It has been seven years since Kayakalp came into being. The response of the public has been slow but steady. In fact, over the last two years it has been “very good”, says S K Sharma, the Director of Kayakalp. Not only has it now competed well with the already well-known “Jindal Health Farm” (Jindal Nature Cure Institute) of Bengaluru, it is also drawing people from all over the world. As of July, 569 foreign nationals (including those from the USA, Canada, France, Britain, Holland, Switzerland, Sweden, Denmark, Poland, Russia, Italy, Australia, Mexico, Brazil, Taiwan, Indonesia, Malaysia, UAE, Kenya, Zambia and South Africa) have been treated at Kayakalp.
Shanta Kumar stresses that the Trust has taken every care to ensure that Kayakalp is not reduced to be a centre where the rich come for relieving tensions. “It is not massage or a spa-corner that you can get in any good five-star hotel. It is essentially a healing centre where you get a holistic or integrated treatment for both your body and mind”, he says, adding, “Our doors are open to rich as well as poor.” Apparently, “Antyodaya” patients are entitled for free treatment. All BPL (Below poverty Line) persons are eligible for 50 per cent discount both for stay and treatment. Senior citizens get 25 per cent discount on stay and treatment. And whole-time social workers having no source of income are allowed stay and treatment on the same analogy as BPL persons.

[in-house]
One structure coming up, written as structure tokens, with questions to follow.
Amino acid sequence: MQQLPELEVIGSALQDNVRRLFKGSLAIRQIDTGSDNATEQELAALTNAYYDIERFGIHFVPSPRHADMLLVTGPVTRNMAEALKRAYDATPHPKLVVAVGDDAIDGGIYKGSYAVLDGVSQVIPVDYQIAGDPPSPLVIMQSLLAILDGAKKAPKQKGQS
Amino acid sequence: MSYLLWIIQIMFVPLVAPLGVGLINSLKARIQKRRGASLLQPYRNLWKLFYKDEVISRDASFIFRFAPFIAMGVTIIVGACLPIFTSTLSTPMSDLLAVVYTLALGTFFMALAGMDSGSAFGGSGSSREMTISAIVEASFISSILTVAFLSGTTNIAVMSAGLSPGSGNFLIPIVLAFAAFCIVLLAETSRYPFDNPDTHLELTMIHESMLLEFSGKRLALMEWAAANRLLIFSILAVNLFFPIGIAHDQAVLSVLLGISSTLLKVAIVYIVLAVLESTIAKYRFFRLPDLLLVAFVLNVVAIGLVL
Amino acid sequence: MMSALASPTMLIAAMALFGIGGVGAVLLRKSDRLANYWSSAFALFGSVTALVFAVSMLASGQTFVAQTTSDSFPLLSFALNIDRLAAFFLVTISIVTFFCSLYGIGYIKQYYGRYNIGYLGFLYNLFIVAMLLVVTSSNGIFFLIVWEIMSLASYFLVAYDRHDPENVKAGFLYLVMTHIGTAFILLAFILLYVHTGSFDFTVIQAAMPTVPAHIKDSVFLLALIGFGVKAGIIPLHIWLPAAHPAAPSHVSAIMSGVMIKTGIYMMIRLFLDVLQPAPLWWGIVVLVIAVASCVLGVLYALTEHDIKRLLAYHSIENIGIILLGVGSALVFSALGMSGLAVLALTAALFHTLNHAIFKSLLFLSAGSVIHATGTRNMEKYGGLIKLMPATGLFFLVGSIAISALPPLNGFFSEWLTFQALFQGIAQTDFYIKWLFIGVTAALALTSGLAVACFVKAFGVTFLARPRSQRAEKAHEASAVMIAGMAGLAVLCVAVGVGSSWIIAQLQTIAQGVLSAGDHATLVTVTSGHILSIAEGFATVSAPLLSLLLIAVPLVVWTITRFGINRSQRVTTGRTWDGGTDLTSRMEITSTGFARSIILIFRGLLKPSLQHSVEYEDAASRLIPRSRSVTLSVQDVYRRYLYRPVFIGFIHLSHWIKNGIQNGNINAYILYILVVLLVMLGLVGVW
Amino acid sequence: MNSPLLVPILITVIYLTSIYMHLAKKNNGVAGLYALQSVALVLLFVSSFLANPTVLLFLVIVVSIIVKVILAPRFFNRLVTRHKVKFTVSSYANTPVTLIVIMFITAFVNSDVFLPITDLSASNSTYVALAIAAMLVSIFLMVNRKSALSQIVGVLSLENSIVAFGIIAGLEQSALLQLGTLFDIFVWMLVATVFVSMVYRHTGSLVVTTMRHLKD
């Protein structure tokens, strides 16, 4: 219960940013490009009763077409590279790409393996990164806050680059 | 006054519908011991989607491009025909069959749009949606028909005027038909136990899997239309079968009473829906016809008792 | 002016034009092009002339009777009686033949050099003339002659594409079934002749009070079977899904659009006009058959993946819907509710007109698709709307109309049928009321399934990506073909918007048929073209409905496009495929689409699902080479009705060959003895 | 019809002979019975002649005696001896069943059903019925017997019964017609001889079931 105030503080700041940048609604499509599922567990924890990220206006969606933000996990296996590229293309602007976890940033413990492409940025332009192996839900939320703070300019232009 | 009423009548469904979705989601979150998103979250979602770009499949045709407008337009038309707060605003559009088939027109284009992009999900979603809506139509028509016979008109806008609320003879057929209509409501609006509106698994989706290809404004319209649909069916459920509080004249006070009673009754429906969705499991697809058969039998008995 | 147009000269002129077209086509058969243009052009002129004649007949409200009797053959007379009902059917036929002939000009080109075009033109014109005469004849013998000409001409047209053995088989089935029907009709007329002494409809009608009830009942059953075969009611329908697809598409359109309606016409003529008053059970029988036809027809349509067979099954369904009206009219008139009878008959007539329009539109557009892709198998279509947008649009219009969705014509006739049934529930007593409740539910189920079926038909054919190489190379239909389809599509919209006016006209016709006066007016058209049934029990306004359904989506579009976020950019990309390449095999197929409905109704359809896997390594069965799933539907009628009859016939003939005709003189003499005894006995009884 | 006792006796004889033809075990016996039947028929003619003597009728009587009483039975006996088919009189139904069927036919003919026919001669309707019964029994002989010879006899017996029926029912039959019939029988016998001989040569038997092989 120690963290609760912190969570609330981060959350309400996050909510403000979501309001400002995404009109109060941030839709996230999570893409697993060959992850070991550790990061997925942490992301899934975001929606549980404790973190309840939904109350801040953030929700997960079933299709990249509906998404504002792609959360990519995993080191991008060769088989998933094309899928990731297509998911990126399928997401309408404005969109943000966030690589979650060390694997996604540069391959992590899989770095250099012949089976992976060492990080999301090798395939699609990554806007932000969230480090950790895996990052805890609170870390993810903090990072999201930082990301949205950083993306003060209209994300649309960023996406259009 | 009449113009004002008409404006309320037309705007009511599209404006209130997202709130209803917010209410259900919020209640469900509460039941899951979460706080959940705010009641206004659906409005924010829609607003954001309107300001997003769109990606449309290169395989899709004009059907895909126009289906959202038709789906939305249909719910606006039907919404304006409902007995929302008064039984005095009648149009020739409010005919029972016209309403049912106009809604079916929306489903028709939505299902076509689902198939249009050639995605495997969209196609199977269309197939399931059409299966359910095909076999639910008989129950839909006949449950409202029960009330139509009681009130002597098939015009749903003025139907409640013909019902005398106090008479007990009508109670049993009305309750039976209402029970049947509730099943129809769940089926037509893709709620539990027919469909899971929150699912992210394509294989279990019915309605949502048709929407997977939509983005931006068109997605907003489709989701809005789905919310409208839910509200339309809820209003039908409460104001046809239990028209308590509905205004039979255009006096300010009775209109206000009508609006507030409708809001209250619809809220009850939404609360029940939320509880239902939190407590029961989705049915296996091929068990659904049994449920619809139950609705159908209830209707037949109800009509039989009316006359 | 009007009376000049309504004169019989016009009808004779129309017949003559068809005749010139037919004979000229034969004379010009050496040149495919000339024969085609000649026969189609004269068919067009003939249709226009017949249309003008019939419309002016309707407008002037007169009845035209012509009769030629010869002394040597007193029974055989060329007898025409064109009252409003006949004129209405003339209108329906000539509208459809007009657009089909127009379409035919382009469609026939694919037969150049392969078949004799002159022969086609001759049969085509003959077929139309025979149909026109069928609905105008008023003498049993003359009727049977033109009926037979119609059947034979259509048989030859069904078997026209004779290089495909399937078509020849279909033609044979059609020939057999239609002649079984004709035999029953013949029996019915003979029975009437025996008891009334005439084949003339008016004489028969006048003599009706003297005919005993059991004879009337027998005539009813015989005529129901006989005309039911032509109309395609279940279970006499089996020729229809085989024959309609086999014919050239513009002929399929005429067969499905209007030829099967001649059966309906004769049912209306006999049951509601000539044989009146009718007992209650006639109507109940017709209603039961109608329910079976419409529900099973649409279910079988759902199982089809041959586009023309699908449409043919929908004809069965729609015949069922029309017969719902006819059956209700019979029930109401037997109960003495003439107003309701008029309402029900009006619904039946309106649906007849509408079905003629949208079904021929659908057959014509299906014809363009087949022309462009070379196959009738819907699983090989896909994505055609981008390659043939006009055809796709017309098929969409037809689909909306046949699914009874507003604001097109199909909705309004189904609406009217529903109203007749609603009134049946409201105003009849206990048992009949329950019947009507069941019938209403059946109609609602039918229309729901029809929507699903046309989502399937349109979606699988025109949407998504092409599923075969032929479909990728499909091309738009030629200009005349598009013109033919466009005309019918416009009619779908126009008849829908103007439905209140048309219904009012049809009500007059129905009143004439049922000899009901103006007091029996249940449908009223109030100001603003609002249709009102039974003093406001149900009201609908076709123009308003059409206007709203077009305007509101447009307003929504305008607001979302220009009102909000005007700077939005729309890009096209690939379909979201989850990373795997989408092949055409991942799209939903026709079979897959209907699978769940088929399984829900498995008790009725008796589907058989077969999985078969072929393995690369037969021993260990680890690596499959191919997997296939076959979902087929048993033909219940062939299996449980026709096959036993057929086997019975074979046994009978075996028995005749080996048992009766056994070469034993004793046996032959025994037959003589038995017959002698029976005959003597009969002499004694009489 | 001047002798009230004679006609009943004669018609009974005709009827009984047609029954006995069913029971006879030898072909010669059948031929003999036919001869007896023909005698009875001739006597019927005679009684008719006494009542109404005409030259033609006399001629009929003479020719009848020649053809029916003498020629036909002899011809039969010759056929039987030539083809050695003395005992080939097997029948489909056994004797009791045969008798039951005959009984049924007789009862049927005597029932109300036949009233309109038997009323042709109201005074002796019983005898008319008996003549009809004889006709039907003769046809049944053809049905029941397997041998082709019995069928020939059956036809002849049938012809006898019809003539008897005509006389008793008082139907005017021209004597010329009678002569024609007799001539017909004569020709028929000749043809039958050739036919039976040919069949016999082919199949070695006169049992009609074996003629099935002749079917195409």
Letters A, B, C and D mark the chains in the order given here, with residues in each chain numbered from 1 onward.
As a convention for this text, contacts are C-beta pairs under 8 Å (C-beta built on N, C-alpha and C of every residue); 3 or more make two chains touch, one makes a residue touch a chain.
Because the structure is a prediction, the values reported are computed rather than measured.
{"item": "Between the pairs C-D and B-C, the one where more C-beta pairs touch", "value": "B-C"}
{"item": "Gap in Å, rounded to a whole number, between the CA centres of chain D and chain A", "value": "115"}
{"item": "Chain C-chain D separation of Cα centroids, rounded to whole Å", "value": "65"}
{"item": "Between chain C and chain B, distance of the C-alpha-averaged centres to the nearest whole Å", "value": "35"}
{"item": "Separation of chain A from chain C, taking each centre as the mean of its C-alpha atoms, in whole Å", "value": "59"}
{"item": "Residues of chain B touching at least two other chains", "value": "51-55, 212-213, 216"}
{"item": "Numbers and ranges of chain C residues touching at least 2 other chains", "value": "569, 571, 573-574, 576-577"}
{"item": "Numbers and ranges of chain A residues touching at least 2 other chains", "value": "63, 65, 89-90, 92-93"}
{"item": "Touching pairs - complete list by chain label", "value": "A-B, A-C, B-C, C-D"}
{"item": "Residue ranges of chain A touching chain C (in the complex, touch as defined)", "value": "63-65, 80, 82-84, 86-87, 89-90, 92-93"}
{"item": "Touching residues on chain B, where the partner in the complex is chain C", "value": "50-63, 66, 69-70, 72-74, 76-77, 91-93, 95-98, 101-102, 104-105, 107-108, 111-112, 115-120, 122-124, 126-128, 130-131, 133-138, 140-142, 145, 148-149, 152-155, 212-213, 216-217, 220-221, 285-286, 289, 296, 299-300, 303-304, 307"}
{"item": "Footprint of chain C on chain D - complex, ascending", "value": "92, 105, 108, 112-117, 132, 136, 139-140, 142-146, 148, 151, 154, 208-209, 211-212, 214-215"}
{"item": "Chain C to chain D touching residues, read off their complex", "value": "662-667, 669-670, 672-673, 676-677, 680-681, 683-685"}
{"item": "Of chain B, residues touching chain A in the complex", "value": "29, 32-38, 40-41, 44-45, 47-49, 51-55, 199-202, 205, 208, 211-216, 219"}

Equally important, all patients, whether rich or poor, stay together and lead the same disciplined life while at Kayakalp. In a way, the life in the campus is quite regimented. Once admitted, you cannot leave the campus, unless of course some sort of emergency arises. You cannot eat outside food, quite obviously for the whole purpose of being there would be defeated. Food here is a part of therapy. You don’t/can’t sleep long hours. You will be woken up at 5 AM with a glass of warm water for getting ready for Yoga-session. Then you head back to the cafeteria, where you have your breakfast. Your food is served as per the chart worked out for you by the doctor, depending on the nature of your problem. Then after some rest, you head for treatment session. You are given some juice in the afternoon and then you go for meditation. You return for dinner by 6.30 pm. Then you return to your room and crash, unless of course you want to keep abreast with the rest of the world through television, a set of which is in every room.